10 Million Tons Of Diamonds May Exist On Jupiter And Saturn, What Are We Waiting For?


Will the sequel to "Blood Diamond" - the Leo DiCaprio hit dramatizing the search for precious stones in South Africa - take place in Jupiter or Saturn?

New research published this week indicates that conditions on Jupiter and Saturn, 5th and 6th position away from the sun, are ideal for diamond-making; the two planets may contain over 10 million tons of the mineral - none of which has fallen into bloodied hands, according to National Geographic.

"We now know the high temperature limit [8,000 Kelvin] for solid diamond, above which it melts. And we also now have more precise pressure [and] temperature structures for the interiors of Saturn and Jupiter," said Kevin Baines, a University of Wisconsin-Madison planetary scientist who presented the study this week at a conference in Denver. "These two results together show us for the first time that solid diamonds can exist over large vertical regions of both planets.".

It literally rains diamonds in Saturn and Jupiter. Baines' research points to periodic lighting storms, observed by Cassini spacecraft, as the impetus for diamond formation, according to Nat Geo. Such storms lead to the deformation of methane molecules into carbon, which falls into the atmosphere and, by some chemical process, helps create graphite. As the graphite further penetrates Saturn's atmosphere, increasing pressure leads to the production of diamonds.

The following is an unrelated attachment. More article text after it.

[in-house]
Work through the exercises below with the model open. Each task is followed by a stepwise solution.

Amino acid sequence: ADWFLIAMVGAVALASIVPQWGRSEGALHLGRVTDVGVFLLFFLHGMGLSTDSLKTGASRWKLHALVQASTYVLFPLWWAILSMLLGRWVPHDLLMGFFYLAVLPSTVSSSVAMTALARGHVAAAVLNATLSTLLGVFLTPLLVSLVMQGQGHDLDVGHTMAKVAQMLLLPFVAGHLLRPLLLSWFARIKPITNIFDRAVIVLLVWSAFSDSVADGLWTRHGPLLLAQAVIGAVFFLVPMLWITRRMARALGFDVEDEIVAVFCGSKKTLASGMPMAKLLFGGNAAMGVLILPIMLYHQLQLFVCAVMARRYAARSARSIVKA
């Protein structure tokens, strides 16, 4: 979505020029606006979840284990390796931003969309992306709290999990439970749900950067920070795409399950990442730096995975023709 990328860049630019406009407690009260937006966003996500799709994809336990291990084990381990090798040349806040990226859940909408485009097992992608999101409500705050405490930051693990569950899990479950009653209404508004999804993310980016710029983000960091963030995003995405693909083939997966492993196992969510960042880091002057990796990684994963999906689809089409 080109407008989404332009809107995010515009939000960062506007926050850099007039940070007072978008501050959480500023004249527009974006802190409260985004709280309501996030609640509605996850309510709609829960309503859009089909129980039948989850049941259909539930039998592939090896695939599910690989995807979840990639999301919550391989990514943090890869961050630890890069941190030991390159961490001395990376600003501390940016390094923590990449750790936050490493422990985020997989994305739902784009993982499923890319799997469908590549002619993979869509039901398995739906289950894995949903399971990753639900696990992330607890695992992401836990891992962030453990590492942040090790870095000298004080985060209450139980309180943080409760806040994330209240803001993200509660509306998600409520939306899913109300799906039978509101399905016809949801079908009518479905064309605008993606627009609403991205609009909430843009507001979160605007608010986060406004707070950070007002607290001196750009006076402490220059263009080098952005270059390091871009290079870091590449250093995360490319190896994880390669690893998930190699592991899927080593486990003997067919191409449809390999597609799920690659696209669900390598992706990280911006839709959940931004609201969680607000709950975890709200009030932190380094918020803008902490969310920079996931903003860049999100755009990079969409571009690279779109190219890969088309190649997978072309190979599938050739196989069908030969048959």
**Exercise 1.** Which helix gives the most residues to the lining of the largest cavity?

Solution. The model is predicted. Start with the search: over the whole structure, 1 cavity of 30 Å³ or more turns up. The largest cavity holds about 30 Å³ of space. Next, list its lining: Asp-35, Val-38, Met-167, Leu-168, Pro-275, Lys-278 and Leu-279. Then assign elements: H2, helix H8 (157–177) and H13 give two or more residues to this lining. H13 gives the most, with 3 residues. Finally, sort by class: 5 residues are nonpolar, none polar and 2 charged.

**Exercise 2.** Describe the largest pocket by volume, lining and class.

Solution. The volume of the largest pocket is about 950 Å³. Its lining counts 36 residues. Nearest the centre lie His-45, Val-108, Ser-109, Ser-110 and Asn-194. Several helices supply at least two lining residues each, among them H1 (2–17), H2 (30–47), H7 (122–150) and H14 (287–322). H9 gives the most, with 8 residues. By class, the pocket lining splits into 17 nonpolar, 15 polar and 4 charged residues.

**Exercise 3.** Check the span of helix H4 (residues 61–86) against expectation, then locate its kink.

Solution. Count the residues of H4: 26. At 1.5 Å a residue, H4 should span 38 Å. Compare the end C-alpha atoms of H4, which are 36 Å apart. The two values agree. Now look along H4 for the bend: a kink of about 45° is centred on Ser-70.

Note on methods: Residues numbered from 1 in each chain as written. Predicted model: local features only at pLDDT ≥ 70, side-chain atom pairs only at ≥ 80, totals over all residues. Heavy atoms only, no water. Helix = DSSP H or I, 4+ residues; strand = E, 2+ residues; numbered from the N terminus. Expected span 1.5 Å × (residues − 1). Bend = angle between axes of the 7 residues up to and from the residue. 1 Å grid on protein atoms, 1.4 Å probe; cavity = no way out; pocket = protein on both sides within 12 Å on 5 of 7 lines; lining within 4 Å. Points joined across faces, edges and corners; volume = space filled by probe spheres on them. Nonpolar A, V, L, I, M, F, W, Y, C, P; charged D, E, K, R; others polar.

"This creates about a thousand tons of diamonds per year, and I estimate that in the 30,000-kilometer-thick diamond-containing layer, there are about 10 million tons of diamonds formed in this manner," Baines said.

A diamond in Saturn ranges in size from a micron to "the size of the pea", as per Nat Geo.

"They are probably much larger than nano-diamonds, possibly sizable chunks that you could hold in your hand," said Mona Delitsky, a planetary scientist at California Specialty Engineering in Pasadena, California, and Baines' co-author.

Others, however, can grow so big the Nat Geo author terms them "diamondbergs."

Diamonds have been surmised on Uranus and Neptune, 7th and 8th in the planetary lineup, as well, but Saturn and Jupiter are closer to earth. Still, mining them is currently beyond our technology, reported National Geographic. That prospect becomes graver when taking into account the 8,000 Kevlin lava pools underneath most diamond deposits.  

At least Delitisky has some hope.

"In the far distant future, robotic probes could possibly mine these diamonds in the deep atmospheres of these gas giants," he said.

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